Information Exchange Can Mean Better Health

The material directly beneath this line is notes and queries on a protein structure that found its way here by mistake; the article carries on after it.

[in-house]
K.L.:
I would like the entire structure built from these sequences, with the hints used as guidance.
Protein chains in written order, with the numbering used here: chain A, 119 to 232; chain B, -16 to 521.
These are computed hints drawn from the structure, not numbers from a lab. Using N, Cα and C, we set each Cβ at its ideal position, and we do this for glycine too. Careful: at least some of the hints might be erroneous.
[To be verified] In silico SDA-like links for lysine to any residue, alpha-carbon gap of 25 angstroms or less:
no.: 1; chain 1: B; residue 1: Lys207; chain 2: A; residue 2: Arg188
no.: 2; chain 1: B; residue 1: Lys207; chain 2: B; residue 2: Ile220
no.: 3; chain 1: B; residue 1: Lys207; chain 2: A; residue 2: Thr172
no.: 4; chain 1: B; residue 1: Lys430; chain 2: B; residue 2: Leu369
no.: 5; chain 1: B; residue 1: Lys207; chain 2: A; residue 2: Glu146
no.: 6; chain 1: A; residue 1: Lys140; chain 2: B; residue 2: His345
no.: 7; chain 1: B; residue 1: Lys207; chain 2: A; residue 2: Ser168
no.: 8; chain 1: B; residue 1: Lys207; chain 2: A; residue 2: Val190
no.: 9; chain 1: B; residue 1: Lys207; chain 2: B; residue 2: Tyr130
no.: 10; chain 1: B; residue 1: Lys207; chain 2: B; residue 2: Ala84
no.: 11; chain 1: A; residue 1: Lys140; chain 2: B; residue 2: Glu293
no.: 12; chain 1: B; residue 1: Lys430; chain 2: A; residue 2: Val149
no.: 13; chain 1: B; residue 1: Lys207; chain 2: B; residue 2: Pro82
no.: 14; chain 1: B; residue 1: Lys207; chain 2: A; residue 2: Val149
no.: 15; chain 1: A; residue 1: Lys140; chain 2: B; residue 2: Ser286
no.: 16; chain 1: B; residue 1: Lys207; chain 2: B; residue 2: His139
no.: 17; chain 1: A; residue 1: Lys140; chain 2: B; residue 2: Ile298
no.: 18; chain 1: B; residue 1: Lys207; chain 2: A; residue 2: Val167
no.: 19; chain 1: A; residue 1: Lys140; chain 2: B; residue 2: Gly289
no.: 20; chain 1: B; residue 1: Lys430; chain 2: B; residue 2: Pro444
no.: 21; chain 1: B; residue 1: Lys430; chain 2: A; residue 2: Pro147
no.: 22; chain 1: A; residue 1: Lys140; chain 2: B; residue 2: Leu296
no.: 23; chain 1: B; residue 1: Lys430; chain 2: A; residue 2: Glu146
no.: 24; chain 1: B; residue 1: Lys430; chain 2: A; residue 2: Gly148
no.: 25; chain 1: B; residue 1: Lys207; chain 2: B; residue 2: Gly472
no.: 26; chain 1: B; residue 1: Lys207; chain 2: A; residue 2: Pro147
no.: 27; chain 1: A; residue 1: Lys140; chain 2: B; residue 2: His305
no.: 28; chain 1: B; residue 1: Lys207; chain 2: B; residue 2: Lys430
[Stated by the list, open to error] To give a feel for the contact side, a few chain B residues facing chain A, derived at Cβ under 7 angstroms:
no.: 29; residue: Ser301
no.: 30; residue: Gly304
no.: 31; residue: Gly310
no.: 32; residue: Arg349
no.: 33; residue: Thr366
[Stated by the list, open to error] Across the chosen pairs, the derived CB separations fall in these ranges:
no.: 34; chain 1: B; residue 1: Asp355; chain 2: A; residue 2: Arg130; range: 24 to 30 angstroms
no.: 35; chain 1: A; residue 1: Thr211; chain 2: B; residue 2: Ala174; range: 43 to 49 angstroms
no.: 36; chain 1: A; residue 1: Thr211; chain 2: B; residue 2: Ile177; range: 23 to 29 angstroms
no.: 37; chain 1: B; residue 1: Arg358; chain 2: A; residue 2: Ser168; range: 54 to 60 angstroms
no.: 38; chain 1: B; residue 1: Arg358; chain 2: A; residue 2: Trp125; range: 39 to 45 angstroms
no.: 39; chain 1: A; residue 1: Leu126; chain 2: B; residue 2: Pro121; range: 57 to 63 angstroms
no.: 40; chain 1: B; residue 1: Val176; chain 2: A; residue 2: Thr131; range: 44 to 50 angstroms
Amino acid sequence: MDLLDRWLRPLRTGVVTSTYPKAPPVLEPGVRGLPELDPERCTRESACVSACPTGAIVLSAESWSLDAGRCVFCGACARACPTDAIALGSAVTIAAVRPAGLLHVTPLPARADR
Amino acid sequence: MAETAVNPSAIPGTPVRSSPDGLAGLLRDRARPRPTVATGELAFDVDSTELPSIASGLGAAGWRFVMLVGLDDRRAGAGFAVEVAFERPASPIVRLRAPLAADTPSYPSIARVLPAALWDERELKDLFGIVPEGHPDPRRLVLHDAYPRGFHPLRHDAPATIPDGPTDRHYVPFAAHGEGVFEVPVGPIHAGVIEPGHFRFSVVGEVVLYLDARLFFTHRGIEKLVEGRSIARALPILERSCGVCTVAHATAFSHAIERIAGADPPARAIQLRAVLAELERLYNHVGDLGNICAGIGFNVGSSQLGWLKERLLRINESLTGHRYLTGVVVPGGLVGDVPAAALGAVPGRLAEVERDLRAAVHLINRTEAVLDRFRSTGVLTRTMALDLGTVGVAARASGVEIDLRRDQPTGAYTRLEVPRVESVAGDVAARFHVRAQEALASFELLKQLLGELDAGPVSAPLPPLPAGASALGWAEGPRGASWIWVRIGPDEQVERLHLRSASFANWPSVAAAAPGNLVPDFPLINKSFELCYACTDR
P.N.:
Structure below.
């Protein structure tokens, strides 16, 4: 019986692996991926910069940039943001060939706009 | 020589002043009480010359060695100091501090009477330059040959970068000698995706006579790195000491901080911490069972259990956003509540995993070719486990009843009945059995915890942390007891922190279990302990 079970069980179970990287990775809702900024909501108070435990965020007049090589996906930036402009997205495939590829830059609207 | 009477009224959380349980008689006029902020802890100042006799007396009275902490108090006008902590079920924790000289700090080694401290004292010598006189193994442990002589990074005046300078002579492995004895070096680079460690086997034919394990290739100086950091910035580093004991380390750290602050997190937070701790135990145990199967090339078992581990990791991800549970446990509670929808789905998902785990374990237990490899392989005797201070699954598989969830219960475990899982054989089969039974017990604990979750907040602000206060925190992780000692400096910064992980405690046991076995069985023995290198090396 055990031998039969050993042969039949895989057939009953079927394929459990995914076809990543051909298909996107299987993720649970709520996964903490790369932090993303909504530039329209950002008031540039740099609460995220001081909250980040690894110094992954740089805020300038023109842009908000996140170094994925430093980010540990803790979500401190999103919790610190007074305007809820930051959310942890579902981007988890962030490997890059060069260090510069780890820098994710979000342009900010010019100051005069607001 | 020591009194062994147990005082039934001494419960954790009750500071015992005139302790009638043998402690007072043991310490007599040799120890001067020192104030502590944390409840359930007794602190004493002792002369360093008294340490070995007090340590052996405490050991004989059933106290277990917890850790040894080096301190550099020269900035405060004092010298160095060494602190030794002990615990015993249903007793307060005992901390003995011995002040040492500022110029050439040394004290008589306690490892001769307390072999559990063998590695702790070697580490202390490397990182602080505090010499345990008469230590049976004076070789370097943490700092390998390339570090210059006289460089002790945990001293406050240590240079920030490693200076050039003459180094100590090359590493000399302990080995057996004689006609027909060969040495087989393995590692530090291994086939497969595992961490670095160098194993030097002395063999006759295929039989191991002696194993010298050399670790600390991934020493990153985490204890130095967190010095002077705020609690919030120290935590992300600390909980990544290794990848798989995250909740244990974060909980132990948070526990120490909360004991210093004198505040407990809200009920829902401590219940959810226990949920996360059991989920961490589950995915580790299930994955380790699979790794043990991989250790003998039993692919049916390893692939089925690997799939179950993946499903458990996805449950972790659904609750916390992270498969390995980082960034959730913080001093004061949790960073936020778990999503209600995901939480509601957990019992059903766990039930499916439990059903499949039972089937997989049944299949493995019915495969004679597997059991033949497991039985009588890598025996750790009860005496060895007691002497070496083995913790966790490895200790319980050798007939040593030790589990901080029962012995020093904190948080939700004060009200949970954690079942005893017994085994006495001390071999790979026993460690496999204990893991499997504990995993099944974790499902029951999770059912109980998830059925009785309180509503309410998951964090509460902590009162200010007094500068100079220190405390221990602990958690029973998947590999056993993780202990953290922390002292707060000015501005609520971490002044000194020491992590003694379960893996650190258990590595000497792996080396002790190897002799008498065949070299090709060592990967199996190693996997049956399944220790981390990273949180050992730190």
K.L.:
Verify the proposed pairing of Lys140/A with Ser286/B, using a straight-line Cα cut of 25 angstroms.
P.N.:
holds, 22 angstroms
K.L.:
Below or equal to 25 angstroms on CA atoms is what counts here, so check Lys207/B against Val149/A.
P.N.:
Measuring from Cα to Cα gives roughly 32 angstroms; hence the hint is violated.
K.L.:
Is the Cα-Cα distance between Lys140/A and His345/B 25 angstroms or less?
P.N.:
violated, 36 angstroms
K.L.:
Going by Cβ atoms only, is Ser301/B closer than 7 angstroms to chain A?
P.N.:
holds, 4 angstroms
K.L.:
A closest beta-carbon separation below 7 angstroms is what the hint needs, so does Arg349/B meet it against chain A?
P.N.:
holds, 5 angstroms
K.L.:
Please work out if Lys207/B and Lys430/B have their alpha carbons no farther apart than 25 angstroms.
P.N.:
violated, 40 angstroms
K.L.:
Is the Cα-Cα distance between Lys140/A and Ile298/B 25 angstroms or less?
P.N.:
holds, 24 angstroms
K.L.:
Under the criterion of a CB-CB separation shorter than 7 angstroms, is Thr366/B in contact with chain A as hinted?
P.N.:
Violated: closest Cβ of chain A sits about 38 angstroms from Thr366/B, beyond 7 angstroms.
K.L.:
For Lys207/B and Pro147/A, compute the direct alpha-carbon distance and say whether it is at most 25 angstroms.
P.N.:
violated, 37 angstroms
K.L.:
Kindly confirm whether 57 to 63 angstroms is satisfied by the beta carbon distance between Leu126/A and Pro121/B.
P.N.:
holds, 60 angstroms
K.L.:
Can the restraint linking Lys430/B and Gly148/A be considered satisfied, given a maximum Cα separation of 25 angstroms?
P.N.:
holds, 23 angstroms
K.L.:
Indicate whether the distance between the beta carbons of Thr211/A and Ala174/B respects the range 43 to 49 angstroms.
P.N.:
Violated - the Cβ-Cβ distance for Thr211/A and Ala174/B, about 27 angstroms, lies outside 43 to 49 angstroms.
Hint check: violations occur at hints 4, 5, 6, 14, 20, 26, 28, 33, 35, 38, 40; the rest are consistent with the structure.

As the old adage goes, knowledge is power. We might tweak that to say more complete knowledge may mean better health for you. The more comprehensive and complete the information your doctor has about your health care history — especially in an emergency when you may not be seeing your regular physician — the better they will be able to care for you.With this in mind, last fall the North Carolina General Assembly created the North Carolina Health Information Exchange Authority (NCHIEA). This new entity will oversee a statewide, secure computer system called a health information exchange (HIE), a private, encrypted network that adheres to all federal and state privacy and security laws. The technology enables any doctor, who participates in the HIE and with whom you have a relationship, to share information electronically and better coordinate your care.Hospitals, large health care systems and many physician practices already have electronic medical records, but most often the various systems don’t ‘talk’ to each other. This new statewide authority will allow information on your prescriptions, allergies, lab and test results, image reports, conditions, diagnoses, and vaccination history to be securely shared between systems.When the entire health care team has complete information, there will be fewer repeat tests and procedures, less paperwork, fewer medical errors, and improved patient safety and health outcomes. All of which will result in reduced health care costs over the long term. The North Carolina Medical Society (NCMS) has long supported an HIE and continues to work closely with the new HIEA to help it reach its full potential. This is especially important now since sharing of such information is key to the success of the state’s Medicaid reform initiative. In fact, the legislation requires all physicians who treat Medicaid patients to be connected to the HIE by Feb. 1, 2018. Much work needs to be done to ensure that doctors, hospitals and health systems are financially and technologically able to tap into the HIE in order to submit and retrieve information on behalf of their patients. Success will mean a healthier bottom line for the Medicaid program and, most importantly, a healthier population. Robert W. Seligson executive vice president and CEO of the North Carolina Medical Society. He also serves as CEO of the North Carolina Medical Society Foundation.